As a group-level statistic, reliability refers to the inter-individual or between-subject variability \( V_b \) relative to the intra-individual or within-subject variability \( V_w \). Both the intra- and inter-individual variances can be estimated using linear mixed model (LMM). In network neuroscience, given a functional graph metric \( \phi \), we considered a random sample of \( h \) subjects with \( n \) repeated measurements of a continuous variable. \( \phi_{ij} \) (for \( i=1, ..., n \) and \( j=1, ..., h\)) denotes the metric from the \( j^{th} \) subject's \( i^{th} \) measurement occasions. The two level LMM models \( \phi_{ij} \) as the following equations:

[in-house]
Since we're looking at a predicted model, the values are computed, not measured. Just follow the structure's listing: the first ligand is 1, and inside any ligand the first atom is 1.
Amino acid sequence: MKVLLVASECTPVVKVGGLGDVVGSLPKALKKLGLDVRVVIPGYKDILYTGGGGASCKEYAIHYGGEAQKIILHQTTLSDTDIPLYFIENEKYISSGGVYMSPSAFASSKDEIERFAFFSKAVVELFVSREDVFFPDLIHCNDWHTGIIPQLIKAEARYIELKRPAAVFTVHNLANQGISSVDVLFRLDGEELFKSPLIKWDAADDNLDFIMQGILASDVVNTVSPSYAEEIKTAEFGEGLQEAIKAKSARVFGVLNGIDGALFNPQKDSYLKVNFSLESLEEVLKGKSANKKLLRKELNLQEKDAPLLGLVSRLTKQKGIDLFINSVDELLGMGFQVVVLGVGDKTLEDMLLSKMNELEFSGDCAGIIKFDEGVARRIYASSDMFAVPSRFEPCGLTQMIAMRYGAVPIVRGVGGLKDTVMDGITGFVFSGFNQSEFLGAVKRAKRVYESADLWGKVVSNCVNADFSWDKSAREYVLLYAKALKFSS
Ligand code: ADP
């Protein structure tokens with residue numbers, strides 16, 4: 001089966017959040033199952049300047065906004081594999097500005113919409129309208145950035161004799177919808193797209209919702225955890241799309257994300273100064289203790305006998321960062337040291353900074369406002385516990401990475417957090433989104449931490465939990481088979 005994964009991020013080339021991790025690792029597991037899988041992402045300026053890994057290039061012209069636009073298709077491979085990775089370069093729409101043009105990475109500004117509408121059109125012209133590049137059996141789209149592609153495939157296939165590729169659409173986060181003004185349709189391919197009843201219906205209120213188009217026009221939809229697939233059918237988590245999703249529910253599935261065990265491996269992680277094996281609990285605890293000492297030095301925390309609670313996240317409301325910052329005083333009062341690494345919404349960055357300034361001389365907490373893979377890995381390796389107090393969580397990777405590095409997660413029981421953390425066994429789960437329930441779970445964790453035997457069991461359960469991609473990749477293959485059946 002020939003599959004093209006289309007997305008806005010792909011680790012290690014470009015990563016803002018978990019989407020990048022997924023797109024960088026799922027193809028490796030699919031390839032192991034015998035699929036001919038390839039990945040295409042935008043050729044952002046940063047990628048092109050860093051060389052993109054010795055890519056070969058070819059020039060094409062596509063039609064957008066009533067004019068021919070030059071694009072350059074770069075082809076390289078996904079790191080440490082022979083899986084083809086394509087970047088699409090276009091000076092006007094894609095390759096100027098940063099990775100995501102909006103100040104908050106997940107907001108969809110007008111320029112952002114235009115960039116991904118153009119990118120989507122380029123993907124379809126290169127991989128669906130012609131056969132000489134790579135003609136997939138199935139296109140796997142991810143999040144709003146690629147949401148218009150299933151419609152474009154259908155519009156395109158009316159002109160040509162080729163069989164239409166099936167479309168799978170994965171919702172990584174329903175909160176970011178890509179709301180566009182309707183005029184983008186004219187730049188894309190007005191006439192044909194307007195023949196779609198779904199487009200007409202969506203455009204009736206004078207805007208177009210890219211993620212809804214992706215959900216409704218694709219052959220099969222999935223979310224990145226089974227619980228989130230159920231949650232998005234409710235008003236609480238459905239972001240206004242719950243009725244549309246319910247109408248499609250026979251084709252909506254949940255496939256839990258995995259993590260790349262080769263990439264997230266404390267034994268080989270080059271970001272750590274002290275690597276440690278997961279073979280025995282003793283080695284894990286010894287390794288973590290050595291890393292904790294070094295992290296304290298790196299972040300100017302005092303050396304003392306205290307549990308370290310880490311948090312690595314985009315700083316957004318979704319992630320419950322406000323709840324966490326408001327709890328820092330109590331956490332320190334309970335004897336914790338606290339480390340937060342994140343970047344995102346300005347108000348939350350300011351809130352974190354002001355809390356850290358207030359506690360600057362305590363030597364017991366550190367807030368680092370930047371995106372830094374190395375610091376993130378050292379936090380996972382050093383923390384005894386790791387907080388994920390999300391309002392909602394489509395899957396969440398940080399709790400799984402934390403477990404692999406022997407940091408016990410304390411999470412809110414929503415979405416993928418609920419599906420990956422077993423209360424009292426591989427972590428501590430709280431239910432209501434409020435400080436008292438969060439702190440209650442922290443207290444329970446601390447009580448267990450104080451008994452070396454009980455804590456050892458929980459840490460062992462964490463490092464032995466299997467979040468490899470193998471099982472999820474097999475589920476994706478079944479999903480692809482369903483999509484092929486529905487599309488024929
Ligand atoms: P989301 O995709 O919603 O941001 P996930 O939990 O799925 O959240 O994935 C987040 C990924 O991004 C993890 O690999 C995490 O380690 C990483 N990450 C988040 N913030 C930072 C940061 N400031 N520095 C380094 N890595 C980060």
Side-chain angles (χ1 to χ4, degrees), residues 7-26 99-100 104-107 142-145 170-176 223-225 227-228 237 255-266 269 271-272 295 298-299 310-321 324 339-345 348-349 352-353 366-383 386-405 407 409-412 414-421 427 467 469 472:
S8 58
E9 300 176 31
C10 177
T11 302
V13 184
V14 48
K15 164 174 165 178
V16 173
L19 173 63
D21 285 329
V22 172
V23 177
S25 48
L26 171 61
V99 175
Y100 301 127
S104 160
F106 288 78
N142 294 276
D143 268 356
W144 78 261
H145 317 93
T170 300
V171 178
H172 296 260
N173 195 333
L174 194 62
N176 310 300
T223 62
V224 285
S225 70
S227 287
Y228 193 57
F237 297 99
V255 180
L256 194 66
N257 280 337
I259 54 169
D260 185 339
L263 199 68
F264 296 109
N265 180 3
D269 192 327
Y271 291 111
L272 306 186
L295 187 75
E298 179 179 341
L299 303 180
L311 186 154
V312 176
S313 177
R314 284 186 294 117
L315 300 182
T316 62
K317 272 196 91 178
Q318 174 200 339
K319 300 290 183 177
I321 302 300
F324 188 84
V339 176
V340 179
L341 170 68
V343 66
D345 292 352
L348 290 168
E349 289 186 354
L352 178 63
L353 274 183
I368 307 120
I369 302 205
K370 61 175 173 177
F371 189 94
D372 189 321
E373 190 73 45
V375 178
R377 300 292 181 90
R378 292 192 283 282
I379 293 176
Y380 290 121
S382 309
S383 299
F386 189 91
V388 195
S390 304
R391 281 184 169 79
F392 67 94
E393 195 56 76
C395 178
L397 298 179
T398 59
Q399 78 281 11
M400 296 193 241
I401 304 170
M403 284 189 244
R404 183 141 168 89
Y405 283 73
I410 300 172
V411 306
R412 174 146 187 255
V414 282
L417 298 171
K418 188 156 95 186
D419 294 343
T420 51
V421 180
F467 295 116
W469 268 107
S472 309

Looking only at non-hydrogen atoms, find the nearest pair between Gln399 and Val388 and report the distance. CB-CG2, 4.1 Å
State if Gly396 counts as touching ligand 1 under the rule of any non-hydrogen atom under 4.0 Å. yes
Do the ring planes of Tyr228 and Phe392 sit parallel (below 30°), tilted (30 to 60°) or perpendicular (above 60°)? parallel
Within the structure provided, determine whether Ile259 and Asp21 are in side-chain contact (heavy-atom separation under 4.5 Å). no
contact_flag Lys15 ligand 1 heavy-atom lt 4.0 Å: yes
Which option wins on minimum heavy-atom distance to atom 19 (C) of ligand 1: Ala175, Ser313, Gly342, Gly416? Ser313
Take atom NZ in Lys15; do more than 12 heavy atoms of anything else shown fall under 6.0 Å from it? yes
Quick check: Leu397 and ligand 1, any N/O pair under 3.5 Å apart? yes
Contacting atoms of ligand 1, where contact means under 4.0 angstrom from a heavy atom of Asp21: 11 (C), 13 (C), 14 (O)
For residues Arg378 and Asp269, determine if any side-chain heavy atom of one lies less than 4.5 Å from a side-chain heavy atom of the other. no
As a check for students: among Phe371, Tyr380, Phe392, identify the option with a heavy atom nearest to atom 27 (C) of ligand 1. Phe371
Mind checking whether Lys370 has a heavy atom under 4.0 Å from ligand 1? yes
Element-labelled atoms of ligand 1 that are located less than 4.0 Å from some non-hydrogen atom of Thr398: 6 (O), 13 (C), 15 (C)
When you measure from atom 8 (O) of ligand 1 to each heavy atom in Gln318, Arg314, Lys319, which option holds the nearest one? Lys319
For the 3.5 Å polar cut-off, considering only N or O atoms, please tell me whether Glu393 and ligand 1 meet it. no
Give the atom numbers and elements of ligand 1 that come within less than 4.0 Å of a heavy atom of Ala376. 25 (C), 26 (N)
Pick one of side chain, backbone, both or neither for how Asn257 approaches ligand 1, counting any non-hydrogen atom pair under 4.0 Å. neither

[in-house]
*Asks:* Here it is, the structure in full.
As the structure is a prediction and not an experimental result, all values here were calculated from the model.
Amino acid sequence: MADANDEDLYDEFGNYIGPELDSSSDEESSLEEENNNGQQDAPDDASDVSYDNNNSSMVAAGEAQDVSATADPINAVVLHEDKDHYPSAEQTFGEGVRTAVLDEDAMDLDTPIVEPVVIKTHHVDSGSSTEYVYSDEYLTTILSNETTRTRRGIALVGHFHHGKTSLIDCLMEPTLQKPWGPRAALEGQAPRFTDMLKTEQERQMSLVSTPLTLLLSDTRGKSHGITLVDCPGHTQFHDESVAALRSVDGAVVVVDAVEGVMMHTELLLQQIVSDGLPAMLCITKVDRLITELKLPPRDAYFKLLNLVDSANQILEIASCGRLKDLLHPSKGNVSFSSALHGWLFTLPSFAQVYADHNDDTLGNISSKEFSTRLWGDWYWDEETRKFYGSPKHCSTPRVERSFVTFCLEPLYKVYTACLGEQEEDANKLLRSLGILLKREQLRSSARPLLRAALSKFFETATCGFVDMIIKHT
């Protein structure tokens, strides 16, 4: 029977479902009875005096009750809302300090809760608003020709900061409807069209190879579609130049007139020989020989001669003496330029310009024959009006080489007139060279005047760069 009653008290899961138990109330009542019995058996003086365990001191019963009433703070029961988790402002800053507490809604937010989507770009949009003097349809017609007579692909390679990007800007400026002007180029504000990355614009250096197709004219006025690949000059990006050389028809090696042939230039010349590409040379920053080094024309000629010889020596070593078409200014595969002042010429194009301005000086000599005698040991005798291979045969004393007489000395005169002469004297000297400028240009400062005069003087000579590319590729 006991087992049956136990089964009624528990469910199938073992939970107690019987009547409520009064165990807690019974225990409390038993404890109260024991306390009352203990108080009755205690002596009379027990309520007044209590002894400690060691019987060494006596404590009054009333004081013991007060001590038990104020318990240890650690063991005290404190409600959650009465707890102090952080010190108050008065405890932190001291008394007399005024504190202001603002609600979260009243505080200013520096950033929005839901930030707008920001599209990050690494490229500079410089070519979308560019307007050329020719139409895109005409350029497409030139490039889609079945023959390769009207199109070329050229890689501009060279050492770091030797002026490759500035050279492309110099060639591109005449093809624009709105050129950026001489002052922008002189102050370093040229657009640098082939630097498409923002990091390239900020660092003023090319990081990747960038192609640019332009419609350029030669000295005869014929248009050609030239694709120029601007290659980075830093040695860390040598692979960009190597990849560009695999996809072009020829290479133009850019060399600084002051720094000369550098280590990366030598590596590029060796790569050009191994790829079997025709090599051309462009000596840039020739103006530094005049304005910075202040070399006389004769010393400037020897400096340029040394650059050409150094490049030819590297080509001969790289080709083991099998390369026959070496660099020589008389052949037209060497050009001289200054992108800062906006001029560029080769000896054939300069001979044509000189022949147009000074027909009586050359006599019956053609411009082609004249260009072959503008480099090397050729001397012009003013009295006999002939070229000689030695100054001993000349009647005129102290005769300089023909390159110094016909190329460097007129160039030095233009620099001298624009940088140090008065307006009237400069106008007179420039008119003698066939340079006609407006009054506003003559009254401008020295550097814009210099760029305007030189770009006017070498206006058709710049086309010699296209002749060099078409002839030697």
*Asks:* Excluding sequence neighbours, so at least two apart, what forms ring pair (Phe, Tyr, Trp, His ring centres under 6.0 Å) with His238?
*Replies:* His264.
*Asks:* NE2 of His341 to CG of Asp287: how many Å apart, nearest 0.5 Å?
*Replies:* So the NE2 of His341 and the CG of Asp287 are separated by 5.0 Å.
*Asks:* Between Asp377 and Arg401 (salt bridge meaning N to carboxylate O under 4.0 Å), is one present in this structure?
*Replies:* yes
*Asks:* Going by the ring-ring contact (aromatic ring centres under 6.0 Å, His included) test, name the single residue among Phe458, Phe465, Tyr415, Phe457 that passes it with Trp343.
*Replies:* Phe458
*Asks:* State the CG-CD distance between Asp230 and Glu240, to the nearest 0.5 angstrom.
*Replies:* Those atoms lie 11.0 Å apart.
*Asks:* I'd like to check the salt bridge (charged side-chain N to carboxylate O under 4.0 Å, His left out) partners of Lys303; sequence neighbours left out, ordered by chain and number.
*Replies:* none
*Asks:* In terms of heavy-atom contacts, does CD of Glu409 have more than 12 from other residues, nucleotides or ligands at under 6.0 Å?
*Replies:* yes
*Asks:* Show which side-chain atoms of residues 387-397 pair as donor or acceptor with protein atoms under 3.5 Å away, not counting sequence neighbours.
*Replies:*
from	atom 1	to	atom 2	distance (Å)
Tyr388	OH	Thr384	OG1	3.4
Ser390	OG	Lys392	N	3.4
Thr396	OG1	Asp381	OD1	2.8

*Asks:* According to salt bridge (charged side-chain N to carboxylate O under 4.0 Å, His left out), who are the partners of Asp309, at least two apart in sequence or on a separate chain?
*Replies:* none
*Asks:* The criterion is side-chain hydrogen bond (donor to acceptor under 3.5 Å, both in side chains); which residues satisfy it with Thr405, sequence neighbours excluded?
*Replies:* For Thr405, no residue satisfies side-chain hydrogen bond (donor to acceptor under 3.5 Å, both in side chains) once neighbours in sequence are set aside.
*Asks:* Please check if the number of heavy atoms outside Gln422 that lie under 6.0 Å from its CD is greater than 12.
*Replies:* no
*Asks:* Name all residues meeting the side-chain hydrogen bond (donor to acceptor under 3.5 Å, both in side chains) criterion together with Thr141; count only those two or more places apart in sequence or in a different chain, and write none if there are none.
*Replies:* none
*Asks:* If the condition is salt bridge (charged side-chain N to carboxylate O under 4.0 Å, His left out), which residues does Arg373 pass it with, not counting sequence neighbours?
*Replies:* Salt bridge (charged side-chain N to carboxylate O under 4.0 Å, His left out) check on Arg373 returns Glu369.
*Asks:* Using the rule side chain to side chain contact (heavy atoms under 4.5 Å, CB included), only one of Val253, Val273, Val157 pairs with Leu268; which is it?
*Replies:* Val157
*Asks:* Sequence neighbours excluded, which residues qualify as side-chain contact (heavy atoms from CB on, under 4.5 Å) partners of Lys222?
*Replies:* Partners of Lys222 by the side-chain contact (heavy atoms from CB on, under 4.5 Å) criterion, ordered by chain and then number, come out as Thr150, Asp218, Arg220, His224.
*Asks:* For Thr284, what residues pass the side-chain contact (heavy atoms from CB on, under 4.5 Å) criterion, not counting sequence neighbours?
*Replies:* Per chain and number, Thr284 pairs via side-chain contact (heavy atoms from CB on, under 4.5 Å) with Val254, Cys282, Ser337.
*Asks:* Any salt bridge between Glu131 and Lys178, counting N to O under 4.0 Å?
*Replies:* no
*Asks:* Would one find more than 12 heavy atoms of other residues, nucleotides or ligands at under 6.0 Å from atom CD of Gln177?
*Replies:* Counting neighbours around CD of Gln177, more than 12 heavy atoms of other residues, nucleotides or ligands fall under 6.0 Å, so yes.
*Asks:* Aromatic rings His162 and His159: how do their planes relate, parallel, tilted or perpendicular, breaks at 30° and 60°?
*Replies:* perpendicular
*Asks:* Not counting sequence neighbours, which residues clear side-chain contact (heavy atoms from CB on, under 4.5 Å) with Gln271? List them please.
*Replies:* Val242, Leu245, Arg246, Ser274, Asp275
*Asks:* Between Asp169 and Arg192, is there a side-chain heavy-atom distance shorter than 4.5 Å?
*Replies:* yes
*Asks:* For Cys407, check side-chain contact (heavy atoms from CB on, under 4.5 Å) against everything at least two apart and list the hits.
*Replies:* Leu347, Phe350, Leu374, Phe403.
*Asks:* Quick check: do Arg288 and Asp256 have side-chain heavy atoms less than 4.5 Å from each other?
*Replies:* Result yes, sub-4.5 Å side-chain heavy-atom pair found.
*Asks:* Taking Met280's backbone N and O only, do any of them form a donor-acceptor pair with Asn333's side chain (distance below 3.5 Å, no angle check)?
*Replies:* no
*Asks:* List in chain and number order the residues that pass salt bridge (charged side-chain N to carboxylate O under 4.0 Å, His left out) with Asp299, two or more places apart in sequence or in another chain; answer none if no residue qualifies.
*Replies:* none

Where \( \gamma_{00} \) is a fixed parameter (the group mean) and \( s_{0j} \) and \( e_{ij} \) are independent random effects normally distributed with a mean of 0 and variances \( \sigma_{s0}^{2} \) and \( \sigma_{e}^{2} \). The term \( s_{0j} \) is the subject effect and \( e_{ij} \) is the measurement residual. Age, gender and interval(\( \Delta \mathrm{t} \)) can be covariant.